Common Weakness Enumeration

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CWE-396: Declaration of Catch for Generic Exception

Weakness ID: 396
Abstraction: Base
Status: Draft
Presentation Filter:
+ Description

Description Summary

Catching overly broad exceptions promotes complex error handling code that is more likely to contain security vulnerabilities.

Extended Description

Multiple catch blocks can get ugly and repetitive, but "condensing" catch blocks by catching a high-level class like Exception can obscure exceptions that deserve special treatment or that should not be caught at this point in the program. Catching an overly broad exception essentially defeats the purpose of Java's typed exceptions, and can become particularly dangerous if the program grows and begins to throw new types of exceptions. The new exception types will not receive any attention.

+ Time of Introduction
  • Architecture and Design
  • Implementation
+ Applicable Platforms





+ Common Consequences

Technical Impact: Hide activities; Alter execution logic

+ Demonstrative Examples

Example 1

The following code excerpt handles three types of exceptions in an identical fashion.

(Good Code)
Example Language: Java 
try {
catch (IOException e) {
logger.error("doExchange failed", e);
catch (InvocationTargetException e) {

logger.error("doExchange failed", e);
catch (SQLException e) {

logger.error("doExchange failed", e);

At first blush, it may seem preferable to deal with these exceptions in a single catch block, as follows:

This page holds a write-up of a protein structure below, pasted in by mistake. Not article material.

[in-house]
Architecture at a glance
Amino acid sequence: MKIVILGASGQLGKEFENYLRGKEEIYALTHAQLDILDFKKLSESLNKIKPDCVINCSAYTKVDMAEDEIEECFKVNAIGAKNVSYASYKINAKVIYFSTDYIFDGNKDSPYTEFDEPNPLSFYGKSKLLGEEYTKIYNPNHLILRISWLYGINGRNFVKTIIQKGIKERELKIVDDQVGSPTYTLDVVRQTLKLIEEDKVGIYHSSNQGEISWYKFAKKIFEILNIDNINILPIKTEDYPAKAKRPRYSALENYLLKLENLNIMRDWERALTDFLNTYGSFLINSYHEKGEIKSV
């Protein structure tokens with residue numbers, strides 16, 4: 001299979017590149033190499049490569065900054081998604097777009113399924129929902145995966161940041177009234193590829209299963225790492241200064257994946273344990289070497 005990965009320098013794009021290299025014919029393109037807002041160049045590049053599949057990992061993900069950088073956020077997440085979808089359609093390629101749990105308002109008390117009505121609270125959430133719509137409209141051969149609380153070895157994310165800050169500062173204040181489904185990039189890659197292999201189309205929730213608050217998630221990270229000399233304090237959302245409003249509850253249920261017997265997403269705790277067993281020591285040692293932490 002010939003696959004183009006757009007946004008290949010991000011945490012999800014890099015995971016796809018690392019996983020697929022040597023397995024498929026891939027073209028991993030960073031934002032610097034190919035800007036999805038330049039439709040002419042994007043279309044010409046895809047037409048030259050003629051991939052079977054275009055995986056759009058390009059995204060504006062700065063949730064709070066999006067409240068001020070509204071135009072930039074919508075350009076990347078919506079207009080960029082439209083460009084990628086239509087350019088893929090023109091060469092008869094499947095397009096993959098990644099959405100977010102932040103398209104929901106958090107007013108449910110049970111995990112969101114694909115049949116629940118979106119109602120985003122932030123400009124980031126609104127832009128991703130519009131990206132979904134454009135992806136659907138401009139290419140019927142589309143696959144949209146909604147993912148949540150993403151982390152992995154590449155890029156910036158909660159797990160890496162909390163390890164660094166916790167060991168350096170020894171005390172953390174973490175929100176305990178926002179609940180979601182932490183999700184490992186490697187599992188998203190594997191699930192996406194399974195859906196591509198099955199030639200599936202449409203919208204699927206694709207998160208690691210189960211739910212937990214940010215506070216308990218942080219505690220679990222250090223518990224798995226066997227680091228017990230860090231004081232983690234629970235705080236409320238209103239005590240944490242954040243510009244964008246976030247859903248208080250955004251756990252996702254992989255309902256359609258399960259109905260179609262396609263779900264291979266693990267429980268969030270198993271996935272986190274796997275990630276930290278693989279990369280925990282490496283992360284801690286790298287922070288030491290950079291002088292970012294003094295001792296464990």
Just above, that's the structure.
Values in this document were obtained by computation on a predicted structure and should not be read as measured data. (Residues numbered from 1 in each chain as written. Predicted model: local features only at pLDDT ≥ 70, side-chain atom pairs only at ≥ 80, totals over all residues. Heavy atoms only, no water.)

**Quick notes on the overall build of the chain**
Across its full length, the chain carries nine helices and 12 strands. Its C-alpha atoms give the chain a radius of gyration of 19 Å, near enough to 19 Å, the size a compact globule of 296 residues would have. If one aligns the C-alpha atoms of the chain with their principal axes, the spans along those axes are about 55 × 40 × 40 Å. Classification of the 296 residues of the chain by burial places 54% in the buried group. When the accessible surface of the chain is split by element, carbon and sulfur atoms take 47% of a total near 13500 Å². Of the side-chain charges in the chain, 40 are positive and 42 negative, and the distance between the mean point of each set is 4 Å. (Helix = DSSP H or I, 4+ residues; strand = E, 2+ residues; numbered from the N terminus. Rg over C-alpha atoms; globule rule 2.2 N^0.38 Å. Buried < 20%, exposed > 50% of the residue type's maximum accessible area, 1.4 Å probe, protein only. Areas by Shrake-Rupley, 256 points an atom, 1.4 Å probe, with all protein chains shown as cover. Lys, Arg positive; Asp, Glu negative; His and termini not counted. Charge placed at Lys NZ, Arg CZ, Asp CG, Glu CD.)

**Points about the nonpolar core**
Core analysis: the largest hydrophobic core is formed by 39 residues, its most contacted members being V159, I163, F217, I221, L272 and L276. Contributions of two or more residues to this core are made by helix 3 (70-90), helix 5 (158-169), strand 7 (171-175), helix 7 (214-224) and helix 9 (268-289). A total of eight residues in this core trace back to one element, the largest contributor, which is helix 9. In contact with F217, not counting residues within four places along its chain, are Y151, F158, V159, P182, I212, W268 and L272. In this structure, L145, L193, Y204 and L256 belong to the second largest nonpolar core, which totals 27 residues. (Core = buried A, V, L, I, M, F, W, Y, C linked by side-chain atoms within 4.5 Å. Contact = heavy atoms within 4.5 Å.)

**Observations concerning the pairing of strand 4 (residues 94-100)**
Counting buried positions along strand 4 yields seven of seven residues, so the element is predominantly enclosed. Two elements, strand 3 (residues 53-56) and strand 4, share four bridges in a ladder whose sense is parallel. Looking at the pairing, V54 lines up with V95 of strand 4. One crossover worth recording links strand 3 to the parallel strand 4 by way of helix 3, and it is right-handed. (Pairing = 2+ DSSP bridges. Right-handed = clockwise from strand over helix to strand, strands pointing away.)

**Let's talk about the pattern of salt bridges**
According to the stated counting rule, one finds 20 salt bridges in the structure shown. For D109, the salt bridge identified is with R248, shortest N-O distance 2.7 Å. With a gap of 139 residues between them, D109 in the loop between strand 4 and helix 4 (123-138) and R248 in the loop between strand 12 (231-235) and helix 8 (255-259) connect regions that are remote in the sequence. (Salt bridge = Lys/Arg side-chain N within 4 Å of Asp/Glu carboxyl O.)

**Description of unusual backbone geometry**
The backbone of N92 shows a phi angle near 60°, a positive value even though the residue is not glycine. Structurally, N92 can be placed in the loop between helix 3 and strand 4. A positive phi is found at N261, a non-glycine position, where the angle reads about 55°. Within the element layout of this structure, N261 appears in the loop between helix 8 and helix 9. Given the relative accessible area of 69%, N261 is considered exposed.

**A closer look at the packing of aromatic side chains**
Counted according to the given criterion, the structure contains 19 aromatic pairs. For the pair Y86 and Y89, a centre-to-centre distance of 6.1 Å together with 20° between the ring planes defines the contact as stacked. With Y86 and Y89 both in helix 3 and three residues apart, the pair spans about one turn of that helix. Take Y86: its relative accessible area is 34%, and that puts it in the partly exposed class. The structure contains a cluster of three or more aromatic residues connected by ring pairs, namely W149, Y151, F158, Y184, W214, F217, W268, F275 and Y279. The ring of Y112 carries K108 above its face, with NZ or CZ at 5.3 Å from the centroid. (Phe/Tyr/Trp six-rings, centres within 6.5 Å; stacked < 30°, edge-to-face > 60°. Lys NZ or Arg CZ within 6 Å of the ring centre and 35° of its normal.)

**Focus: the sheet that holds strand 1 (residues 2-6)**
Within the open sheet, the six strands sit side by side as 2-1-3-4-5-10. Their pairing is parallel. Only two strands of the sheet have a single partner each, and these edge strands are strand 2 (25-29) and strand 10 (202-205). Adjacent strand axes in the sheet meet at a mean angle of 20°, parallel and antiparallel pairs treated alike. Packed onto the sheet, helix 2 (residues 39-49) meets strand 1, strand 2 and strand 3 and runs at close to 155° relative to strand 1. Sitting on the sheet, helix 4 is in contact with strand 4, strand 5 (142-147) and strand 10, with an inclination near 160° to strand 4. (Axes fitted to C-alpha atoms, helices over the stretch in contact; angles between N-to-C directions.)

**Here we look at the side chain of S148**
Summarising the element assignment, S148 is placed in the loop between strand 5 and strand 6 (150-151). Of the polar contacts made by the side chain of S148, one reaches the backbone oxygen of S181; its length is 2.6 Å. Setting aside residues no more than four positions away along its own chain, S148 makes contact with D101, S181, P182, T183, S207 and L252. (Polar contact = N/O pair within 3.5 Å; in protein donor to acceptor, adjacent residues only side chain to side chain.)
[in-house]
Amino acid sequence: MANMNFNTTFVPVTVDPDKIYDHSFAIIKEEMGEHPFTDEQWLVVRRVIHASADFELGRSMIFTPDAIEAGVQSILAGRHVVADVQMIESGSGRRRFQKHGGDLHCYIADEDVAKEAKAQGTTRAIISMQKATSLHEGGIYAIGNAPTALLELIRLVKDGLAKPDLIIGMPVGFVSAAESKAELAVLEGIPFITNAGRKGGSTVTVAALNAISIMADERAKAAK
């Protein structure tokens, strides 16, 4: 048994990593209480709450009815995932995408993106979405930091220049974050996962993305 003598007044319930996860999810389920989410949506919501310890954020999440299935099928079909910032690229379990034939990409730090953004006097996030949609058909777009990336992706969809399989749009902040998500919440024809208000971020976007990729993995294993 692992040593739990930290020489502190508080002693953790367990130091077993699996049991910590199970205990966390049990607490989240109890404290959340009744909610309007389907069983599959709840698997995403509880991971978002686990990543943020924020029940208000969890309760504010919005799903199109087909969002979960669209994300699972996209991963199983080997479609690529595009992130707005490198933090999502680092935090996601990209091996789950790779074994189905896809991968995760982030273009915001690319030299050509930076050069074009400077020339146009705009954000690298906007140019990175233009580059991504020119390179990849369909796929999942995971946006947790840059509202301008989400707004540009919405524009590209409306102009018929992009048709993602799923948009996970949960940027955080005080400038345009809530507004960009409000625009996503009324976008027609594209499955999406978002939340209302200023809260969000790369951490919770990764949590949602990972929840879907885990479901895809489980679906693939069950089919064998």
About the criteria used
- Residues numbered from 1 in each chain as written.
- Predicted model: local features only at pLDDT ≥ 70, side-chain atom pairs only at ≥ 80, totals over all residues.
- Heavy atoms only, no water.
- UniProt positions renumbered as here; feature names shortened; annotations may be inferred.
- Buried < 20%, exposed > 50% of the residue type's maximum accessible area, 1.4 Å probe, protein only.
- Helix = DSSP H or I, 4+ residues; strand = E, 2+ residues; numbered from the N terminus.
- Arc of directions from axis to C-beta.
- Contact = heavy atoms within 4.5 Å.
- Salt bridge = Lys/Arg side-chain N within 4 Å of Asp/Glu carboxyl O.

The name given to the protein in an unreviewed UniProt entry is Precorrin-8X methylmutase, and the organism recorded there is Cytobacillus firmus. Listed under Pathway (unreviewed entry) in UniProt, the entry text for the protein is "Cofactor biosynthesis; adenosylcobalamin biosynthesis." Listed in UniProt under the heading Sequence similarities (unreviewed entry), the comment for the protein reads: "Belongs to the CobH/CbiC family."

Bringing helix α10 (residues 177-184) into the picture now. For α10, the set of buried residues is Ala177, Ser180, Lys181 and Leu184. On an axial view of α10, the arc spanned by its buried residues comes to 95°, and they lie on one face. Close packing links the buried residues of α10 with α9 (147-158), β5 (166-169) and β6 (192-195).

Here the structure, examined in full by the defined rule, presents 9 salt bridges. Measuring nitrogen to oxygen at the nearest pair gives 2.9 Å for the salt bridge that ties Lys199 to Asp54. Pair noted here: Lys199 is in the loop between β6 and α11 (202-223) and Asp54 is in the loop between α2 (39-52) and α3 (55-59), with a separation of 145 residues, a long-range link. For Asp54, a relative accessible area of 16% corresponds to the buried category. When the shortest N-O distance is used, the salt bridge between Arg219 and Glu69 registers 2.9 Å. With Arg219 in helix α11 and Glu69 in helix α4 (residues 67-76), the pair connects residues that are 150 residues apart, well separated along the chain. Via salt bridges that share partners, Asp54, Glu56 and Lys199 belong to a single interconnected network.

(Bad Code)
try {
catch (Exception e) {
logger.error("doExchange failed", e);

However, if doExchange() is modified to throw a new type of exception that should be handled in some different kind of way, the broad catch block will prevent the compiler from pointing out the situation. Further, the new catch block will now also handle exceptions derived from RuntimeException such as ClassCastException, and NullPointerException, which is not the programmer's intent.

+ Relationships
NatureTypeIDNameView(s) this relationship pertains toView(s)
ChildOfWeakness ClassWeakness Class221Information Loss or Omission
Research Concepts1000
ChildOfCategoryCategory388Error Handling
Seven Pernicious Kingdoms (primary)700
ChildOfCategoryCategory389Error Conditions, Return Values, Status Codes
Development Concepts (primary)699
ChildOfWeakness ClassWeakness Class705Incorrect Control Flow Scoping
Research Concepts (primary)1000
ChildOfWeakness ClassWeakness Class755Improper Handling of Exceptional Conditions
Research Concepts1000
ChildOfCategoryCategory960SFP Secondary Cluster: Ambiguous Exception Type
Software Fault Pattern (SFP) Clusters (primary)888
+ Taxonomy Mappings
Mapped Taxonomy NameNode IDFitMapped Node Name
7 Pernicious KingdomsOverly-Broad Catch Block
Software Fault PatternsSFP5Ambiguous Exception Type
+ References
[REF-17] Michael Howard, David LeBlanc and John Viega. "24 Deadly Sins of Software Security". "Sin 9: Catching Exceptions." Page 157. McGraw-Hill. 2010.
+ Content History
Submission DateSubmitterOrganizationSource
7 Pernicious KingdomsExternally Mined
Modification DateModifierOrganizationSource
2008-07-01Eric DalciCigitalExternal
updated Time_of_Introduction
2008-09-08CWE Content TeamMITREInternal
updated Applicable_Platforms, Relationships, Other_Notes, Taxonomy_Mappings
2008-09-24CWE Content TeamMITREInternal
Removed C from Applicable_Platforms
2008-10-14CWE Content TeamMITREInternal
updated Applicable_Platforms
2009-03-10CWE Content TeamMITREInternal
updated Relationships
2009-05-27CWE Content TeamMITREInternal
updated Demonstrative_Examples
2009-10-29CWE Content TeamMITREInternal
updated Description, Other_Notes
2011-06-01CWE Content TeamMITREInternal
updated Common_Consequences
2012-05-11CWE Content TeamMITREInternal
updated References, Relationships
2014-07-30CWE Content TeamMITREInternal
updated Relationships, Taxonomy_Mappings
Previous Entry Names
Change DatePrevious Entry Name
2008-04-11Overly-Broad Catch Block

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Page Last Updated: May 05, 2017